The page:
Omar stars on Vogue cover, says head cover means power and liberation. Folks had some questions …

WASHINGTON, DC - FEBRUARY 26: Rep. Ilhan Omar (D-MN) listens as lawmakers speak about the Voting Rights Enhancement Act, H.R. 4, on Capitol Hill on February 26, 2019 in Washington, DC. (Photo by Joshua Roberts/Getty Images)
(FILE PHOTO by Joshua Roberts/Getty Images)

According to anti-Semitic Muslim congresswoman Ilhan Omar, the hijab she proudly dons daily as she struts through Congress symbolizes “power, liberation, beauty and resistance.”

She revealed this last week in an interview with Vogue magazine.

“Wearing her hijab allows her to be a ‘walking billboard’ not only for her faith but also for representing something different from the norm,” the left-wing purveyor wrote.

That she voluntarily chooses to wear a hijab is perfectly fine; America is the home of freedom and liberty, after all. However, her interpretation of her hijab as a symbol of “liberation” and “resistance” does raise some valid questions about whether she knows anything about the Muslim world.

While it’s true she was born in Mogadishu, she’s spent the majority of her life in the United States, and it seems to show in her stunningly naive and oftentimes ignorant rhetoric.

The problem, as noted on Twitter by renowned investigative journalist Sara A. Carter in response to Omar’s defenders, is that in the Muslim world, wearing a hijab or or burka or niqab isn’t a choice. It’s a mandatory obligation/law — one that women aren’t keen to violate.

Last year an Iranian woman received a 20-year prison sentence for removing her hijab during a protest. She got off relatively easy.

Speaking last month with Spiked magazine, Arab-Canadian university educator and ex-Muslim Yasmine Mohammed warned that “[f]or many women in Muslim-majority countries,” removing their hijab “could not only mean ostracism or abuse from your family and community, but also could mean being imprisoned or killed.”

But sometimes even wearing a hijab isn’t enough to prevent punishment.

Case in point:

Recorded last year, the video above shows one of Iran’s Shariah patrols/morality police units beating a woman for reportedly wearing “insufficient” headgear.

Sadly, these sorts of beatings are commonplace in the Muslim world.


According to Mohammed, the life of every woman in the Muslim world is constricted by a litany of rules governing what they can wear, where they can go and what they can do.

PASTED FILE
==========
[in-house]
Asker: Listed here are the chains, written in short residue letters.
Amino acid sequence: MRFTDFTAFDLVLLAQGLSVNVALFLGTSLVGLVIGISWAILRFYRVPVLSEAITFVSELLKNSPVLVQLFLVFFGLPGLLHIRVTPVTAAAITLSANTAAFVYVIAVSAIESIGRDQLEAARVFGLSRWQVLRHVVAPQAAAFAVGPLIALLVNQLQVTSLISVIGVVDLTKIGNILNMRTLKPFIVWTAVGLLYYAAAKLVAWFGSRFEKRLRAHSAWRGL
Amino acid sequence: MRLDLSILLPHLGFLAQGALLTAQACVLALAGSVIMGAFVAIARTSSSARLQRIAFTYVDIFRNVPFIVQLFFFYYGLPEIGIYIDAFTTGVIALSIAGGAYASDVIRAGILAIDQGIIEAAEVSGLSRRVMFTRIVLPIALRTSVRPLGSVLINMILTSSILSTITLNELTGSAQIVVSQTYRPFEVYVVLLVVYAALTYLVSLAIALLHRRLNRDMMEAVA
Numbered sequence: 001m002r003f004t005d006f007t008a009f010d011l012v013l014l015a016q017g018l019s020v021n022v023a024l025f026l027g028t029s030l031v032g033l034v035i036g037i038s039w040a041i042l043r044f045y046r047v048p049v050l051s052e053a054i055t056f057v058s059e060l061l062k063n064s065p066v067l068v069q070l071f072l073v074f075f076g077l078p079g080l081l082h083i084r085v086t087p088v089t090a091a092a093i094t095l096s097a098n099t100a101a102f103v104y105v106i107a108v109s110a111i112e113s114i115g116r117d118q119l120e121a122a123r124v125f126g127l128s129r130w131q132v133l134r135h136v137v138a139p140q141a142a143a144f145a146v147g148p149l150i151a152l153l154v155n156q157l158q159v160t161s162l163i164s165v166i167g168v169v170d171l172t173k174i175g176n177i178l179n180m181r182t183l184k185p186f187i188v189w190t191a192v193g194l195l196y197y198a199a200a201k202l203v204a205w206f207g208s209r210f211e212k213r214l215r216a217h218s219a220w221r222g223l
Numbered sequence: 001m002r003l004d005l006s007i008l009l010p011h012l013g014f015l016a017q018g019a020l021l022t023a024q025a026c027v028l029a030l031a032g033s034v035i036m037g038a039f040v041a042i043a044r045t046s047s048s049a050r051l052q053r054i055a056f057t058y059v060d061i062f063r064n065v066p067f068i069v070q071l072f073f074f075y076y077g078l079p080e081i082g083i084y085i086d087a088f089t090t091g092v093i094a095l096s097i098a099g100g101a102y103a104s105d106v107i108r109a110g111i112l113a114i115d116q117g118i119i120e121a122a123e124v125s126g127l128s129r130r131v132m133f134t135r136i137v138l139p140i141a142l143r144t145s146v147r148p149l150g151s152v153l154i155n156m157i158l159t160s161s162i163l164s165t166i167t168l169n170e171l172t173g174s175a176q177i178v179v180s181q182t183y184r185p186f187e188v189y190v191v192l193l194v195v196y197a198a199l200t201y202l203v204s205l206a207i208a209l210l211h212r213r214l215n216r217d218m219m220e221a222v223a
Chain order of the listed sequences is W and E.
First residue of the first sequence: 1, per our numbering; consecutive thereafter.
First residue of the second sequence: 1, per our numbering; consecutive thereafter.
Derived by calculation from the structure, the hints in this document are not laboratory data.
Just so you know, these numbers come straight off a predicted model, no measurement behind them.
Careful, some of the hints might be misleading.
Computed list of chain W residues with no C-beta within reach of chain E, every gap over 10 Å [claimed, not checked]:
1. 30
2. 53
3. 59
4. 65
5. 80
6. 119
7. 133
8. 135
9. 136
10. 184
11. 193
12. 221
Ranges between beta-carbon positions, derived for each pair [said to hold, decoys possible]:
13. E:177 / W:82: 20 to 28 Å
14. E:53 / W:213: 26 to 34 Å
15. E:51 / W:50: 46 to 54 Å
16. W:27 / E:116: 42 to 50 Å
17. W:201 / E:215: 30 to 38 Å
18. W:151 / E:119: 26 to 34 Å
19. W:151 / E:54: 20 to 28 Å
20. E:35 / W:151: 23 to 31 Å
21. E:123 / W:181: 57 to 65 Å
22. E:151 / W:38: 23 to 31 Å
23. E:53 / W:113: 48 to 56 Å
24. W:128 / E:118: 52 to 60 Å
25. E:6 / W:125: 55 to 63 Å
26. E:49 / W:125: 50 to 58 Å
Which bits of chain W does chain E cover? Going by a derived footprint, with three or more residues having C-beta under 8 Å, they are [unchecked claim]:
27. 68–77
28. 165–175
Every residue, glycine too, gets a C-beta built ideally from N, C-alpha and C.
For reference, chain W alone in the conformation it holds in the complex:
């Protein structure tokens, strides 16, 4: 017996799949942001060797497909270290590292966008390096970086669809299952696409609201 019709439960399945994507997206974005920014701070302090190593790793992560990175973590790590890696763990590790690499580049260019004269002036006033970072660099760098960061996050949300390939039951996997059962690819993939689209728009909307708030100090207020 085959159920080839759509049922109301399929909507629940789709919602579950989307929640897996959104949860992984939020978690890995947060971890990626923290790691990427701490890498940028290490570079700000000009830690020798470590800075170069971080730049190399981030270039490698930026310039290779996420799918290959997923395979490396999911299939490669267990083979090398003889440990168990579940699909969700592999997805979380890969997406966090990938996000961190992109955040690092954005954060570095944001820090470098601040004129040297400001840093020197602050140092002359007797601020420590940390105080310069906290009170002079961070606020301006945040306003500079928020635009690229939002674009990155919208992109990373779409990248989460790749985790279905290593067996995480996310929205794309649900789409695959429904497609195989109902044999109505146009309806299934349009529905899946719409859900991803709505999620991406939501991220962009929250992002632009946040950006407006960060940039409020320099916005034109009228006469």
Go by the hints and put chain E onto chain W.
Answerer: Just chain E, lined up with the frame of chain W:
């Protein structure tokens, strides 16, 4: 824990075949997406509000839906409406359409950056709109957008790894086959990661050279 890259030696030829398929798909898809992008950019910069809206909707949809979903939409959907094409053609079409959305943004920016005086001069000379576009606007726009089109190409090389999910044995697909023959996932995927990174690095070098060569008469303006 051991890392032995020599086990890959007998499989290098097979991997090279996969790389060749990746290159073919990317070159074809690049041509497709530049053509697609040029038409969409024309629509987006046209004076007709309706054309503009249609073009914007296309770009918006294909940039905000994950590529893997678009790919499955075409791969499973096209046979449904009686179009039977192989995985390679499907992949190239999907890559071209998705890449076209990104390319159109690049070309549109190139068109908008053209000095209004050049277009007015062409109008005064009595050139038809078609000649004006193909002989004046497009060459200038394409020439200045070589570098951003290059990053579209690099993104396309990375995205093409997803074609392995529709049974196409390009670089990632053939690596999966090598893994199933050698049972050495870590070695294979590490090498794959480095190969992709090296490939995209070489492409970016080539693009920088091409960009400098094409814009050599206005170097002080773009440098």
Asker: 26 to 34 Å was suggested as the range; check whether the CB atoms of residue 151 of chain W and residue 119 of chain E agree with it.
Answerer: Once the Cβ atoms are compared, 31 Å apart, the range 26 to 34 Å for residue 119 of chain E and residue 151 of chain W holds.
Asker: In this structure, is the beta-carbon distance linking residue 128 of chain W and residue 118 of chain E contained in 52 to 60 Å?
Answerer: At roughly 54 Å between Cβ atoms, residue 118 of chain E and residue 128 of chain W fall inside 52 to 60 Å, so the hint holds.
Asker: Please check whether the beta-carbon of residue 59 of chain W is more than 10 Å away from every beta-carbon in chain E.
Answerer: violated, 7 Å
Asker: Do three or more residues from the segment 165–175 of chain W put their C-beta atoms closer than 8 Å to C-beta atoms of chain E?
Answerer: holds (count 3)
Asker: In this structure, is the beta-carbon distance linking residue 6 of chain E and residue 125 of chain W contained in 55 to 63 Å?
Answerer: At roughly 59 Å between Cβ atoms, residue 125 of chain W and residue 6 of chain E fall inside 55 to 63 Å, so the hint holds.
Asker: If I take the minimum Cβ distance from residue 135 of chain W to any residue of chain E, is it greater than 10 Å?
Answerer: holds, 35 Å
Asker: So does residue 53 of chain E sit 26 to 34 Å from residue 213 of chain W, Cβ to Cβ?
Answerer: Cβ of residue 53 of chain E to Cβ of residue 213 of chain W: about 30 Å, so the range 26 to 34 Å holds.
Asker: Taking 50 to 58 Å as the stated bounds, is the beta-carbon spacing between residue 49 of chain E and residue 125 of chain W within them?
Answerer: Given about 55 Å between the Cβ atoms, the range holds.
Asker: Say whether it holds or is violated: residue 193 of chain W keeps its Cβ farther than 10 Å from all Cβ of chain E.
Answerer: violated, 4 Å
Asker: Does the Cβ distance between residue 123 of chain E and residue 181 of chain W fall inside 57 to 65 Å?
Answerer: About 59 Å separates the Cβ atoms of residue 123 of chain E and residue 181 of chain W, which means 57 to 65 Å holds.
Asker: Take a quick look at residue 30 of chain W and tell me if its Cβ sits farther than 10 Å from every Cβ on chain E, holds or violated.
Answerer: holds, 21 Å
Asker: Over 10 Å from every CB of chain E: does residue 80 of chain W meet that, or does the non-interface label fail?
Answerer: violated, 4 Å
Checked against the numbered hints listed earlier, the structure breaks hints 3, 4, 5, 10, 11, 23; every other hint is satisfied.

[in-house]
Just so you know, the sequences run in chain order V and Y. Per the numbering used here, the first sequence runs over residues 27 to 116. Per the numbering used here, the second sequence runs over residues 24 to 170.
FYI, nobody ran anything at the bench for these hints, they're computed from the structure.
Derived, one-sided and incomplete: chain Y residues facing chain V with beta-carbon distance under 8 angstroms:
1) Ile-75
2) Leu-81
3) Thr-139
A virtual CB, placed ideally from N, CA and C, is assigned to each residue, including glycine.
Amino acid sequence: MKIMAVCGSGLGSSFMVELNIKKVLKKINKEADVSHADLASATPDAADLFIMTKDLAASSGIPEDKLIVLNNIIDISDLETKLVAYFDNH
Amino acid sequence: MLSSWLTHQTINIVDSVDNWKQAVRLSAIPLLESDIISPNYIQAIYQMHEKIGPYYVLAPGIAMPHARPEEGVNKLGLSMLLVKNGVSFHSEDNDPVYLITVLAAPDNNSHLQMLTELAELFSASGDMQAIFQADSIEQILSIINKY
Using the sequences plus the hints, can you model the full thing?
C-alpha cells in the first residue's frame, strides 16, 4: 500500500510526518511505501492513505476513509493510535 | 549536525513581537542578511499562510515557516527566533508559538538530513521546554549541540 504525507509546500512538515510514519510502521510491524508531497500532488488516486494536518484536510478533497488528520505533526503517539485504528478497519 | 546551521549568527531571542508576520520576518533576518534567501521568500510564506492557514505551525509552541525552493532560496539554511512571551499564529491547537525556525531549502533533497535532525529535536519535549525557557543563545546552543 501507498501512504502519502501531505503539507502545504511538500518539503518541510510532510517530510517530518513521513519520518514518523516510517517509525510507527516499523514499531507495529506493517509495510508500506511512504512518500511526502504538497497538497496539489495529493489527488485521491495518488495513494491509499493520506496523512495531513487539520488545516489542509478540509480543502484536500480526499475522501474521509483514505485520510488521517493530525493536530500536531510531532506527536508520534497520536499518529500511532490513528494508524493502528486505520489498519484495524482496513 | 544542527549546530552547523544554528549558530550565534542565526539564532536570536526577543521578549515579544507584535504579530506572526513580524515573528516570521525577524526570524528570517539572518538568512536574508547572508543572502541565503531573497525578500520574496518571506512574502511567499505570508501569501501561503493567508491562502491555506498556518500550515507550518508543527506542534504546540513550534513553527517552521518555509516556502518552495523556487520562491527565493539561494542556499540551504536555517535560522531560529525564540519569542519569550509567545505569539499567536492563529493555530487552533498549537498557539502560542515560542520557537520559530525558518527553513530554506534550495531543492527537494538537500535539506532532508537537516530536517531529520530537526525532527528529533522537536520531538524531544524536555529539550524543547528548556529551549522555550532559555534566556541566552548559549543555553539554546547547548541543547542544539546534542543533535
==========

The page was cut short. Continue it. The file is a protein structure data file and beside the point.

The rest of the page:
“It’s not much of a choice in my experience — and my experience is a very common one,” she said. “Generally, when you are seven or eight years old, you start getting told, ‘Look at you, you’re getting older, you’re going to be wearing the hijab soon’. It was put on me at nine years old – that’s a typical age, sometimes it’s older, sometimes it’s younger.”

“I fought against it. I was also made to wear a long dress to my ankles. I could no longer ride a bike, climb monkey bars or go swimming because I couldn’t show any skin. All of a sudden, your childhood is just a dead-end. You’re finished with being a child and now it’s time to be wrapped up in this clothing to protect you from all the men who are going to want to rape you.”

Omar doesn’t seem to understand any of this, perhaps because her perspective is blinded by what one social media user has dubbed “Western privilege”:

Is it possible though that perhaps Omar secretly condones the oppression of women? Consider that she views her hijab as “a ‘walking billboard’ … for representing something different from the norm,” as noted by Vogue. The oppression of women seen in Muslim countries is certainly different from the norm.

“I grew up in a religious society and my father and grandfather believed that their role was to teach right from wrong. For me, that is how I raise my kids,” she added in her interview with Vogue.

It’s unclear whether her father and grandfather were aware that imprisoning, beating and/or killing women for not wearing certain headgear is inordinately wrong.

Regarding Vogue, four years ago it ran a piece about anti-compulsory hijab activist Masih Alinejad. At the time far-leftists activists reportedly cried foul over the profile. Now that the magazine is profiling a pro-hijab woman instead, activists are reacting quite differently:



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